Maureen Lipman and Katie Brayben star in Keatley’s award-winning My Mother Said I Never Should
St. James Theatre, 12 Palace Street, London SW1E 5JA Wednesday 13th April – Saturday 21st May 2016
National treasure Maureen Lipman (Oklahoma, Outside Edge, See How They Run) and Olivier- award winning Katie Brayben (Beautiful – The Carole King Musical, King Charles III, American Psycho) will lead the cast in Charlotte Keatley’s My Mother Said I Never Should. They will be joined by Caroline Faber (The Taming of the Shrew, The Heiress, Hangover Square) and Serena Manteghi (The Railway Children). Presented by Tiny Fires Ltd. this is the first London revival of the play in over 25 years.
On this exciting casting, Director Paul Robinson says:
I am delighted to be working with Maureen for the first time. I am, of course, well-aware of her huge body of work and have been thrilled by her performances on various occasions. We have really enjoyed talking about the play and role and I’m so excited by her approach to it. Be ready for a highly original take on the part of Doris with humour, humanity and huge depth.
My Mother Said I Never Should is a non-linear play where, at times, all four generations of women appear together, timeless and ageless. The visual language of this production embraces this expressionism in a radical, contemporary and explosive new production.
Robinson treats the piece as a memory play looking at how our recollections of the same events in our own families differ so wildly. My Mother Said I Never Should is a moving exploration of the relationships between mothers and daughters and the consequences of breaking the most sacred taboo of motherhood.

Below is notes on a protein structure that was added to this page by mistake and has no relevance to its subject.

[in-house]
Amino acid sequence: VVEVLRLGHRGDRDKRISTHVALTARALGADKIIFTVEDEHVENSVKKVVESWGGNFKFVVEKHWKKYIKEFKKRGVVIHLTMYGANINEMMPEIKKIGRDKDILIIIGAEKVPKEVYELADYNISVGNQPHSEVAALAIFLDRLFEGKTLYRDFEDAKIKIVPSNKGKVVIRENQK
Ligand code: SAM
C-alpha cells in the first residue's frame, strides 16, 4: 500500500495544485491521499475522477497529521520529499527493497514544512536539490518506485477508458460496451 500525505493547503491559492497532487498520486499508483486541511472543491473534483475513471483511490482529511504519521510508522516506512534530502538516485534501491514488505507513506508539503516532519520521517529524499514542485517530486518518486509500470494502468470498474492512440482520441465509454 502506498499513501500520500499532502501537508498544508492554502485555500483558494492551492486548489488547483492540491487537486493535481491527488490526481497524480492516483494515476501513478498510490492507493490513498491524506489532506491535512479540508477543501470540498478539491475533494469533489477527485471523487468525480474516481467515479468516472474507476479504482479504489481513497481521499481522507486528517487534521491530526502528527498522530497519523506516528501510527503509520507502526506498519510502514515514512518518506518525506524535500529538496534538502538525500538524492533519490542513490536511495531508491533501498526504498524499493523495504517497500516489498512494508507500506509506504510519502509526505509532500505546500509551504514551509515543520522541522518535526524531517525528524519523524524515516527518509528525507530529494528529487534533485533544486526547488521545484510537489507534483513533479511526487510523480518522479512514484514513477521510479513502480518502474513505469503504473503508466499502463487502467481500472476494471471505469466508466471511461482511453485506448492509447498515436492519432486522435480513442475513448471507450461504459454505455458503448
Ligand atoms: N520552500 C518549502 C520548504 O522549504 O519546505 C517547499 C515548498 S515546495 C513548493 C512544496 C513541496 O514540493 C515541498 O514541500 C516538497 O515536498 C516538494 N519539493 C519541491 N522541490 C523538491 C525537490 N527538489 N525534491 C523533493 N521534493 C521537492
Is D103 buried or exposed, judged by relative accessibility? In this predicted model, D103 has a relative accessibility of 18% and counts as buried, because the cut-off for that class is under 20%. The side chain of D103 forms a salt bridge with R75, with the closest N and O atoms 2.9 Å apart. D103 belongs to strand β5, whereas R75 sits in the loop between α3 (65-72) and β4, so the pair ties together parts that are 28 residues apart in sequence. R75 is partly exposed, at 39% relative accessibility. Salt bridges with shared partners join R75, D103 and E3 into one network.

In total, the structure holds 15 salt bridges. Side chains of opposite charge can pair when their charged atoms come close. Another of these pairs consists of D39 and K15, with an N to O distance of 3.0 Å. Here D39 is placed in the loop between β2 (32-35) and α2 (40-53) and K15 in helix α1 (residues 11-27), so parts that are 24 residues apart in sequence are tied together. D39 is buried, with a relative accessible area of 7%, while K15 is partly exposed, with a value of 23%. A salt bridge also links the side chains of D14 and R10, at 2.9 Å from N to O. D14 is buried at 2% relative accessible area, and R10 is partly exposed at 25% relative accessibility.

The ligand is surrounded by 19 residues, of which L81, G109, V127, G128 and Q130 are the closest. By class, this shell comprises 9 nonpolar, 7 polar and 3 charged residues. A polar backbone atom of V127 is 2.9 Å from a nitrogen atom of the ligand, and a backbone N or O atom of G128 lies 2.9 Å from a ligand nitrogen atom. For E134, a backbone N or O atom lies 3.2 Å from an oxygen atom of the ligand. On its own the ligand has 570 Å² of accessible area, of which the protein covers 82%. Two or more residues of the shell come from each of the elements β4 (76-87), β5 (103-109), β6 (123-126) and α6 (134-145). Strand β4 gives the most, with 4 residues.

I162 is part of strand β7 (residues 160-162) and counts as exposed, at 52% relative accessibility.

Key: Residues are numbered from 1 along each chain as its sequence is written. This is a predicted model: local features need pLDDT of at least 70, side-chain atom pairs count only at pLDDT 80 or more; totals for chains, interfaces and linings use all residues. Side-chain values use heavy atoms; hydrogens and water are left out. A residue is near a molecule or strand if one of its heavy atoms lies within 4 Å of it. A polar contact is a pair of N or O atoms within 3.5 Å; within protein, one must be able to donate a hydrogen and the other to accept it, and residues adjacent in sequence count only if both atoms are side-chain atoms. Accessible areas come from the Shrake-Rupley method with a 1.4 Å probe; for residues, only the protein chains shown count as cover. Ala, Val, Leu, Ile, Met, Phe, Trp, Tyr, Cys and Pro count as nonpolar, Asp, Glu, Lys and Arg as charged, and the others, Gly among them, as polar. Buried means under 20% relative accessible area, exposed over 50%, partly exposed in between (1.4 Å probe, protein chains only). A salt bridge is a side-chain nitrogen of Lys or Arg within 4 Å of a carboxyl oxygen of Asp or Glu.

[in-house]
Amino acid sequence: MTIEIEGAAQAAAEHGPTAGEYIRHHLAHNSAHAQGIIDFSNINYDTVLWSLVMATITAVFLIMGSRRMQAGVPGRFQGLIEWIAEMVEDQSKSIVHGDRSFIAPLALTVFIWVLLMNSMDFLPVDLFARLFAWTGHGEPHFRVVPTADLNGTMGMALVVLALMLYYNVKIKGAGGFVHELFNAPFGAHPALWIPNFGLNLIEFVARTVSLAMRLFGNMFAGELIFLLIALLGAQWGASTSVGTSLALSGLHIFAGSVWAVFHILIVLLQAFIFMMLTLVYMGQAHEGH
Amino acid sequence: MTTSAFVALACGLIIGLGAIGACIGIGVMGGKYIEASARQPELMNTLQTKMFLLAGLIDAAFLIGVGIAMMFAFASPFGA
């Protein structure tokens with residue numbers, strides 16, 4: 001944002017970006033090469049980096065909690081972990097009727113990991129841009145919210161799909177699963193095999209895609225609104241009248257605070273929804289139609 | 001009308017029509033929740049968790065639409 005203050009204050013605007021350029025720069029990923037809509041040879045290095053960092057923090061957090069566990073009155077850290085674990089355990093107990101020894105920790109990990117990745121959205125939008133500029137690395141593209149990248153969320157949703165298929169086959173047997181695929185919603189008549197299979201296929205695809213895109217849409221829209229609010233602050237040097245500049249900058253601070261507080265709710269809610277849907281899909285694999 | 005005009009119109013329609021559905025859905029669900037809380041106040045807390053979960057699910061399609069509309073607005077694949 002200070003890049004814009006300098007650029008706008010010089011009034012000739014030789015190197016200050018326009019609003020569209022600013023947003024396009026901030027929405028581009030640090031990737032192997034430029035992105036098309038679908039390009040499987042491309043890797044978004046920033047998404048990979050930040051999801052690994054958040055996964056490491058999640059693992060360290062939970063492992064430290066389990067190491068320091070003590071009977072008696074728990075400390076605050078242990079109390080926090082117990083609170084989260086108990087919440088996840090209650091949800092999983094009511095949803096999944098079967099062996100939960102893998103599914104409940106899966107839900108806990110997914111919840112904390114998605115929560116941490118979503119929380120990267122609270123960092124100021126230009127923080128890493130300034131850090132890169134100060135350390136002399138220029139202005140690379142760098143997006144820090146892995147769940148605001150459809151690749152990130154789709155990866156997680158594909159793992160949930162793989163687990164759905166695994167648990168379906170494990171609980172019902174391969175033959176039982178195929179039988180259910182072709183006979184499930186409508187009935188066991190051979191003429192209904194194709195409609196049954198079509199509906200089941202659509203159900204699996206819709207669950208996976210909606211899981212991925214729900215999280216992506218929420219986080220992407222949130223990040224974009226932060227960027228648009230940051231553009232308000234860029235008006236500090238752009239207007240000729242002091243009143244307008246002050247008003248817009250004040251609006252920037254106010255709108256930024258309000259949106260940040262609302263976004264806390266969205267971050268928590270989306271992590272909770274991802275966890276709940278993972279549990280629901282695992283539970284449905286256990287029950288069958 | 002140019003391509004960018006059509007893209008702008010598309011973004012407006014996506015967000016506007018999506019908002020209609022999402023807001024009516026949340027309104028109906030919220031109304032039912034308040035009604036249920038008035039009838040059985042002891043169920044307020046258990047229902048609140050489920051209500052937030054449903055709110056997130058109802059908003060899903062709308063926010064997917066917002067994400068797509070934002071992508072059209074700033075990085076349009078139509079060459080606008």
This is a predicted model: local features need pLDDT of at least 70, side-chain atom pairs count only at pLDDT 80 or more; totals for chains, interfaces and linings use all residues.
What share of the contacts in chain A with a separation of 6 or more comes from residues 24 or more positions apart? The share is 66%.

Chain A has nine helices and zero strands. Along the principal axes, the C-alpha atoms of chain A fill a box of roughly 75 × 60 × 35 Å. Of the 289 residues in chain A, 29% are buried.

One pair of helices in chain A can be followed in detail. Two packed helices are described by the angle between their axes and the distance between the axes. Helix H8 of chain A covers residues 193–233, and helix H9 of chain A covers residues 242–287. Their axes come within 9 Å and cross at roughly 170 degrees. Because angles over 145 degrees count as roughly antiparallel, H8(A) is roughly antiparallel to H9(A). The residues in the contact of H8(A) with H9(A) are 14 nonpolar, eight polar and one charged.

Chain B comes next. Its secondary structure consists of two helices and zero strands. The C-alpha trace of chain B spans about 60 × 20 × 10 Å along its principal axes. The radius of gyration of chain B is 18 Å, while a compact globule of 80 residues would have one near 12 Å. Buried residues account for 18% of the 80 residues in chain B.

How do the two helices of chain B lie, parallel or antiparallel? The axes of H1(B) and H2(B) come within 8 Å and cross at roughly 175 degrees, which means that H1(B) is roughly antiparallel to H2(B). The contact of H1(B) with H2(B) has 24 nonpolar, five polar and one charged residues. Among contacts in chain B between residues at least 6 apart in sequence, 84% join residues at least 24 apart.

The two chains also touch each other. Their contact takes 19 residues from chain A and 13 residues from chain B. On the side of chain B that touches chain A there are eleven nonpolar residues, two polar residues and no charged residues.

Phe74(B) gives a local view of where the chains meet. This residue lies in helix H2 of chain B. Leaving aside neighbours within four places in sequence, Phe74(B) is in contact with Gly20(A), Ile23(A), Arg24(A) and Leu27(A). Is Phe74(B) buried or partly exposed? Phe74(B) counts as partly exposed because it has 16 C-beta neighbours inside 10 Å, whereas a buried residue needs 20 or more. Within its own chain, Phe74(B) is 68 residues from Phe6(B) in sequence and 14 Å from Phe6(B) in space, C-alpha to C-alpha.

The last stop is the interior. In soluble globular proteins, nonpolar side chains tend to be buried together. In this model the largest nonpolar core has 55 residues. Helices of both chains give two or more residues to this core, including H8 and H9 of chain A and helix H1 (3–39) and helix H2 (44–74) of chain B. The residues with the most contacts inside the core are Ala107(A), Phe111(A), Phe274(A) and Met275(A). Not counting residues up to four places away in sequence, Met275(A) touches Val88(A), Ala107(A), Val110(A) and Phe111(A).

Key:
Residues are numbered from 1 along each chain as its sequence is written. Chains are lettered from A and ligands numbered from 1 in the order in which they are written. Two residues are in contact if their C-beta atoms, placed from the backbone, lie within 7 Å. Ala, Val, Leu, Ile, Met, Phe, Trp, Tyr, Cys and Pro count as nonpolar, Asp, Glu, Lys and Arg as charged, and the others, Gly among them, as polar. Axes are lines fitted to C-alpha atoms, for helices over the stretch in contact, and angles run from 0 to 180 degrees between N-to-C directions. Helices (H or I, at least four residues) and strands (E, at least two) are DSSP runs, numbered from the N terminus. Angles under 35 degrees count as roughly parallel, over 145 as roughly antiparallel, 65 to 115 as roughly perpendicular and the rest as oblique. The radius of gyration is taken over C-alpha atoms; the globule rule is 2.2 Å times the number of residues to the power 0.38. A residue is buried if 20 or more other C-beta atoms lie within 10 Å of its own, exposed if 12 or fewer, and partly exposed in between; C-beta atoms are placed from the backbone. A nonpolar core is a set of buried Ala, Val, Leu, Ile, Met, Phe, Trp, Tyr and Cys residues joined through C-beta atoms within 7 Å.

2016 has been dubbed as ‘the year of the female playwright’ and there is ongoing fierce debate around roles for women on stage; Keatley’s four strong female protagonists enact the huge social and political changes of the past 100 years.
I wrote this play to explore how to live, work, love and raise children – and the dilemmas are exactly the same we are wrestling with now. 25 years later it is still incredibly unusual to see women protagonists like these. What moves me most is that teenagers today love this play as much as older audiences. Above all I wanted to make people laugh, cry and be inspired. I get letters from people across the world saying how the play changed their lives.
My Mother Said is about the choices we make which determine the course of our lives and how it is never too late to change. Looking at the social and professional place of women, it explores the belief that being a mother is at odds with being a professional success. This is a powerful story of love and jealously between mothers and daughters told through the stories of four generations of women.